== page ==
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Zimoun is a Swiss sound and kinetic artist whose installations incorporate hundreds of everyday objects and simple movements to create a foreign experience for the viewer. He asks questions like, “What are the aesthetic and tonal qualities of cardboard in motion?” Traveling recently to see Volume, his first solo show in New York, I was oddly excited to find out.
The entrance to the gallery was blocked almost entirely by stacked cardboard boxes, a sight typical of some of Zimoun’s largest installations. Filled with the anticipation of an immersive sound experience, I entered the gallery and was quickly confronted by … silence? Feeling put on, I asked, “Aren’t these supposed to make noise?” As if in response, a sensor was triggered by my impatient movements and the entire space sprang to life.
The effect was dramatic. The motion sensor caught me by surprise, and the sound of 294 cork balls bouncing chaotically against cardboard boxes enveloped me. The whole room vibrated with motion and noise. I was reminded of Tara Donovan’s ability to take a material we have long ignored and make it new again. I kept wanting to find patterns or rhythms in the motion but couldn’t; it was at once playful while bordering on overwhelming.
After taking some photographs and exploring the installation inside and out, I moved upstairs to Bitforms’ project room, where the exhibition continued. The room contains two sculptures and two installations. Zimoun’s installations vary in size based on the architecture of the space, and although these works were much smaller than the ones downstairs, they retained their quality — a rare phenomenon among installation artists. The two sculptures are square grids with each point undulating as a result of an embedded motor. Starting with a clear structure, the kinetic works contrast order and chaos using mundane materials that surprise. They are a playful break from the formality and reductive materiality of high modernism, and they’re even reminiscent of work by Argentinean kinetic artist Julio Le Parc.
The installation in the project room that excited me the most was “50 prepared dc-motors, filler wire 1.00mm” (2009), which consists of dangling wires spinning to create a subtle noise. The piece has similar kinetic and sound qualities as the others, but with an extra layer: the ends of the dangling wires rub against the gallery wall, creating little scuff marks in the process, which generate a wall drawing near the base of the work. The result looks like an accidental Sol LeWitt, who is known for his conceptual wall drawings.
Although my desire to see Zimoun’s immense installation initially drew me to the show, the curious drawing sculpture is what will bring me back for a second viewing.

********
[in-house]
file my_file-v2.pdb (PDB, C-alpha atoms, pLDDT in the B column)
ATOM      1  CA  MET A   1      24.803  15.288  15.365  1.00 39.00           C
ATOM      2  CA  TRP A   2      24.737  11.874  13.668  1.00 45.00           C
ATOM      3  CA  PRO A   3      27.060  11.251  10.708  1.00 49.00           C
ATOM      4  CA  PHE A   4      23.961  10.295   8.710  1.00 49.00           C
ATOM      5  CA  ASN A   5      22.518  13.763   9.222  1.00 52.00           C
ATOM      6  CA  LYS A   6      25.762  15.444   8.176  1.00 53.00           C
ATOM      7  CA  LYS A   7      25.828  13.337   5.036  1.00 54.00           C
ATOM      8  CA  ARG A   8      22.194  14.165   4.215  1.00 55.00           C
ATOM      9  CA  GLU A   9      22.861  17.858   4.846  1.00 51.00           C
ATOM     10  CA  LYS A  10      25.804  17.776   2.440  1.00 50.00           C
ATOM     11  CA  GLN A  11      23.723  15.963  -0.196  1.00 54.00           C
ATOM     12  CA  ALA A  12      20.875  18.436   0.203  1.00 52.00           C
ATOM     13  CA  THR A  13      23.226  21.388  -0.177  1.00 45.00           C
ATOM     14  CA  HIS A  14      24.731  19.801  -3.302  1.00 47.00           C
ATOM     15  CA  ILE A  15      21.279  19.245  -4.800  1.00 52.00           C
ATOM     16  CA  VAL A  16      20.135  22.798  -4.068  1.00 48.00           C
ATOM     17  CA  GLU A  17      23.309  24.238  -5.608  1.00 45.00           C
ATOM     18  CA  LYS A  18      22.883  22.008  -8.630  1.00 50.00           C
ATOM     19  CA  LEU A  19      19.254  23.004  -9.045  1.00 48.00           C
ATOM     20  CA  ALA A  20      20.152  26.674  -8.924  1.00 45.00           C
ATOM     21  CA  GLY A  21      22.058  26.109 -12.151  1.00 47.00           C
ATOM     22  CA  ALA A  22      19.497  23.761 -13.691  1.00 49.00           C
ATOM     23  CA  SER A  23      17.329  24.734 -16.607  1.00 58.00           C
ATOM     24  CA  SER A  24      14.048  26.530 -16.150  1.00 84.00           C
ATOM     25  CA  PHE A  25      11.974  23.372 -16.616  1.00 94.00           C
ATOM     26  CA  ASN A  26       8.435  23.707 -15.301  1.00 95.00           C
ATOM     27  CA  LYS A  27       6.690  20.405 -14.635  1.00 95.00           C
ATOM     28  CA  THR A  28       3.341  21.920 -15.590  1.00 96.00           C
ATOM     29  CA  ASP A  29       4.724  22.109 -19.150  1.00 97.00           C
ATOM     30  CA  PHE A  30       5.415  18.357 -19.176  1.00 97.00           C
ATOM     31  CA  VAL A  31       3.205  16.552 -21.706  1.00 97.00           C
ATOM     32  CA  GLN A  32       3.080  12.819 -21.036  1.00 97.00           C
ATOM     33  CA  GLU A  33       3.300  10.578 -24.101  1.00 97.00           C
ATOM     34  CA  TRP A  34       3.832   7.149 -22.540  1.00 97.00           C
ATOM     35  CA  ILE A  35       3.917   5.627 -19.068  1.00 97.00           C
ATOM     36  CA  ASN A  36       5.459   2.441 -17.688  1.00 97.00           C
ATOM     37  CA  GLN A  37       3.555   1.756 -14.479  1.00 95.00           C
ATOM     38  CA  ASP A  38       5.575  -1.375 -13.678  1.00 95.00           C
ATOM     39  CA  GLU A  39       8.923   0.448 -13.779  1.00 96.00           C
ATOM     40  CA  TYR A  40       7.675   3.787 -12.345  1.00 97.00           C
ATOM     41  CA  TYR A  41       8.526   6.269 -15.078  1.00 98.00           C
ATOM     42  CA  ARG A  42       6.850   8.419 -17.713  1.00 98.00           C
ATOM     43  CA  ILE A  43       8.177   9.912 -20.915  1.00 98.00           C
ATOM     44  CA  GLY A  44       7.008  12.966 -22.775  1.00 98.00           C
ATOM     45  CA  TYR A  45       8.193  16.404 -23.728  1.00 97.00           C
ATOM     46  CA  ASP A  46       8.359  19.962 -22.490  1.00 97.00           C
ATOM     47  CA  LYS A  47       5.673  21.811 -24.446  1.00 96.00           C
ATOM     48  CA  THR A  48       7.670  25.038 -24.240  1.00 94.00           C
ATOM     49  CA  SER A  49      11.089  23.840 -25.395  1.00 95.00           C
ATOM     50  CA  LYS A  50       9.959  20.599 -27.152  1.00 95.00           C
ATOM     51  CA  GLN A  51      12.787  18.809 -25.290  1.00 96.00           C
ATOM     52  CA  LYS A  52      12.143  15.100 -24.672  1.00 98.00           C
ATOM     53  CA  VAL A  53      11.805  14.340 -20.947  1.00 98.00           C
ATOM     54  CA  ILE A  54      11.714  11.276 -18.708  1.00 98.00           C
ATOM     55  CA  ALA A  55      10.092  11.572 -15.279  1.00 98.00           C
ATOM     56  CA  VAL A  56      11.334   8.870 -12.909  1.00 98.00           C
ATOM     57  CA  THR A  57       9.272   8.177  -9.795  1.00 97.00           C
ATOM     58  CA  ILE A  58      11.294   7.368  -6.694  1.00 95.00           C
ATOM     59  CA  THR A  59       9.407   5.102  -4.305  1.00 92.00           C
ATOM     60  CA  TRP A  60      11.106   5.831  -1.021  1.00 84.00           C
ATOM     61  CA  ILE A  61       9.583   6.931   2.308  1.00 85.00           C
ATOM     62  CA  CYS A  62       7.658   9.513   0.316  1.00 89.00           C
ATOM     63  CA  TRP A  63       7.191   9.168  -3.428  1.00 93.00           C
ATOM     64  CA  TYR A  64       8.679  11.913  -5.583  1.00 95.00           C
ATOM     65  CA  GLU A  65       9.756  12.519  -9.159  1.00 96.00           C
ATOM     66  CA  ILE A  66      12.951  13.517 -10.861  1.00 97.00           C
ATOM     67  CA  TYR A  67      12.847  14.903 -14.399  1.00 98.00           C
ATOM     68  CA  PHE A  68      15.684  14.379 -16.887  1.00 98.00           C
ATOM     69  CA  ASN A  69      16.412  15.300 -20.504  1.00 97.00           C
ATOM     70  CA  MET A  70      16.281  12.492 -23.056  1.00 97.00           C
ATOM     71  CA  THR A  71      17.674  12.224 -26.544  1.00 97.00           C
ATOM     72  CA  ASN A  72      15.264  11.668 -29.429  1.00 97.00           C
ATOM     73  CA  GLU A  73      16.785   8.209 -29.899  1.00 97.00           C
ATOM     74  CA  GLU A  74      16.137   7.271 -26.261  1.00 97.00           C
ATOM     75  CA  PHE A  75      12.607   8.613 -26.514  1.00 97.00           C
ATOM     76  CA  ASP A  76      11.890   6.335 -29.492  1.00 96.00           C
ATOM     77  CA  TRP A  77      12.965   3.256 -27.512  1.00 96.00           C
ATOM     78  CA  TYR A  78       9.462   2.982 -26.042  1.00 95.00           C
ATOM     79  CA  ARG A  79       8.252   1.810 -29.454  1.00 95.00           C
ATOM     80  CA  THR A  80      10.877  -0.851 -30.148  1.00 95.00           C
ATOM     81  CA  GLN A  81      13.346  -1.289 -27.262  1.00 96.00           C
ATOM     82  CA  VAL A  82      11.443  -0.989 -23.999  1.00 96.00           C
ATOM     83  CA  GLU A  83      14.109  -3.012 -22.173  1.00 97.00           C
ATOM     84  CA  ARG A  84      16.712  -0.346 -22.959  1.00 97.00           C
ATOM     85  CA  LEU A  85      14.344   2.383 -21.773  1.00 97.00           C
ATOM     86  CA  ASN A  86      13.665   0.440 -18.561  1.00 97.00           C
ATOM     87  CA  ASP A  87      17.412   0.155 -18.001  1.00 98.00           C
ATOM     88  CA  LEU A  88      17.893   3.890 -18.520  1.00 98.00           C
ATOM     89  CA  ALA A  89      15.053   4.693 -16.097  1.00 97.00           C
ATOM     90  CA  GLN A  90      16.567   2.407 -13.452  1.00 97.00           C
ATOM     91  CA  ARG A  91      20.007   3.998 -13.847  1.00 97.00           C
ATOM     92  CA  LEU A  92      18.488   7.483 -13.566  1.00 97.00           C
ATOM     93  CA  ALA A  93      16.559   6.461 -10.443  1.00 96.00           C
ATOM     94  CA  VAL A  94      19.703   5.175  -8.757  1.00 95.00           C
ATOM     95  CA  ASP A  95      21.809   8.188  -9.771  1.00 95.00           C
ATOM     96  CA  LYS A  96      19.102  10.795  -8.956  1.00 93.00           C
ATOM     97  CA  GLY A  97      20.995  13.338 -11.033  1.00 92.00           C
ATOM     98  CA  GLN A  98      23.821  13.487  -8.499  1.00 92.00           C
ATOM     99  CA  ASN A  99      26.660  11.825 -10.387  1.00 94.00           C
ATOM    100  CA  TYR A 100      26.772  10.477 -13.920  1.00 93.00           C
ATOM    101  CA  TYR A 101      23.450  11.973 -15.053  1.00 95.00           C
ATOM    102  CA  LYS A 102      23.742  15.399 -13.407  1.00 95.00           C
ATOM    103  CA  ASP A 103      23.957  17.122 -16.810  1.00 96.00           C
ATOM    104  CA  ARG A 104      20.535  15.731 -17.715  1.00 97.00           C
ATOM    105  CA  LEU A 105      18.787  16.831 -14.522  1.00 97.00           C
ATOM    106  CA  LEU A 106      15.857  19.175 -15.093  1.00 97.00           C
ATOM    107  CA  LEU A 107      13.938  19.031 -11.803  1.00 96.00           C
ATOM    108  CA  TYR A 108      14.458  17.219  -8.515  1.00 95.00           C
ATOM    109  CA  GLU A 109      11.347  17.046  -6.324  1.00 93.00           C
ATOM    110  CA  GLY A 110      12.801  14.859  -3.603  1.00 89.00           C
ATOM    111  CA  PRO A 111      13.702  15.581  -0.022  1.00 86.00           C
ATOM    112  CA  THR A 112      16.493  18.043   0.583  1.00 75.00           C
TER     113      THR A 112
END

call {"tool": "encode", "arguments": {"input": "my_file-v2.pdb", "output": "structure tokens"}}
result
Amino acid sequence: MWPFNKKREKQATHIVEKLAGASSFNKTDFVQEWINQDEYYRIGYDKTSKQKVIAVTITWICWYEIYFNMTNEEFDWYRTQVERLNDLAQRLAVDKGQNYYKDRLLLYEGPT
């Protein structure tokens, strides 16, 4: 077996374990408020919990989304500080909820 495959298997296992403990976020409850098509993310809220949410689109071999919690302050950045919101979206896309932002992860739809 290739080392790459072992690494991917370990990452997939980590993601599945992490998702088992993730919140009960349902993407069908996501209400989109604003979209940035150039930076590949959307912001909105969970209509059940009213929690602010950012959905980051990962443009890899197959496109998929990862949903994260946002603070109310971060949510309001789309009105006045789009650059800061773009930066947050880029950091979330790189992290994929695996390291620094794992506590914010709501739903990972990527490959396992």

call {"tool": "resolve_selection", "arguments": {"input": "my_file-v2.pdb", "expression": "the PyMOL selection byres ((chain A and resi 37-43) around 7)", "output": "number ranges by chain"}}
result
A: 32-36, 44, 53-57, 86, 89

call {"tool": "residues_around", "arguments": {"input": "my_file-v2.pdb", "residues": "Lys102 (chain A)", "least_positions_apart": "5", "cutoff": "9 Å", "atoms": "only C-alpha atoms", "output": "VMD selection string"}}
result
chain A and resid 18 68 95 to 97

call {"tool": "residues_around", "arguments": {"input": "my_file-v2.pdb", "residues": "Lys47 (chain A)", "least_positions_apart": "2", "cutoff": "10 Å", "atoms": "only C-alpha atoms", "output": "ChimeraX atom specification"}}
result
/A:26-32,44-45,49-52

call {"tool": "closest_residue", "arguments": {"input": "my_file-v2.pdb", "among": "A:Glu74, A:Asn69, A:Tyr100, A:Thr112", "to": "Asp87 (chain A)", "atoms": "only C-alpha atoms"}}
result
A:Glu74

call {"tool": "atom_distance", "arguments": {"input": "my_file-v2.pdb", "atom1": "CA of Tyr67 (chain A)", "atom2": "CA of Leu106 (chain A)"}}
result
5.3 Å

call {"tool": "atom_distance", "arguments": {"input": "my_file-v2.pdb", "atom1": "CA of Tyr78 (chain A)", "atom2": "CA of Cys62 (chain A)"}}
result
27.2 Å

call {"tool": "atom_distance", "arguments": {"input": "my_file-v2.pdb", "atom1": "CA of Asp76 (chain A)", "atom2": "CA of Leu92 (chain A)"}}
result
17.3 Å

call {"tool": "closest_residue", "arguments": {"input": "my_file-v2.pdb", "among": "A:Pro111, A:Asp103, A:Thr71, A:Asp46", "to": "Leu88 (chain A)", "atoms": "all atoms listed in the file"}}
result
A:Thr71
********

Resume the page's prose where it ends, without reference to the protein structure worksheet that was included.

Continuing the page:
Zimoun’s Volume continues at Bitforms Gallery (529 West 20th Street, Chelsea, Manhattan) until March 10.
“Black infants in America are now more than twice as likely to die as white infants—11.3 per 1,000 black babies, compared with 4.9 per 1,000 white babies, according to the most recent government data—a racial disparity that is actually wider than in 1850, 15 years before the end of slavery, when most black women were…
he ownership of images has a long and nuanced legal history, which has evolved dramatically in recent years as cultural standards and photographic technologies have rapidly advanced
The show, which honors the 50th anniversary of an exhibition history once ignored, continues a series of projects documenting Wilmington’s contemporary art scene.
Renty and his daughter Delia. Renty was an enslaved African, kidnapped from the Congo, sold and forced into slave labor on the South Carolina plantation of B.F. Taylor
What is the relation between possessing a person, possessing their image, and dispossessing their progeny
As a scholar of African American history and photography whose work has focused on the status of violent images in museums and archives, I fully support the validity of Ms. Tamara Lanier’s claim and the amicus brief.
Two K-12 art teachers will each receive a $1,000 cash gift and an additional $500 to put toward classroom art supplies. Nominations are due October 31.
The daguerreotypes of Renty Taylor, Delia, Drana, Alfred, Jack, George Fassena, and Jem remained in an unused storage cabinet until 1975, when it was discovered by an employee of the Peabody Museum.
I am writing in support of the amicus curiae brief submitted by Professor Ariella Aïsha Azoulay of Brown University for the full restitution of the daguerreotypes of Renty Taylor and his daughter Delia, currently held by Harvard University, to their familial descendant, Tamara Lanier.
We cannot be indifferent to the long-lasting effects of photography. The photographs at the center of Lanier v. Harvard are relentless in making Renty and Delia Taylor work and perform as slaves. The pain inflicted on them has not ceased. Photography has the capacity to propagate harm, and we have the moral obligation to interrupt…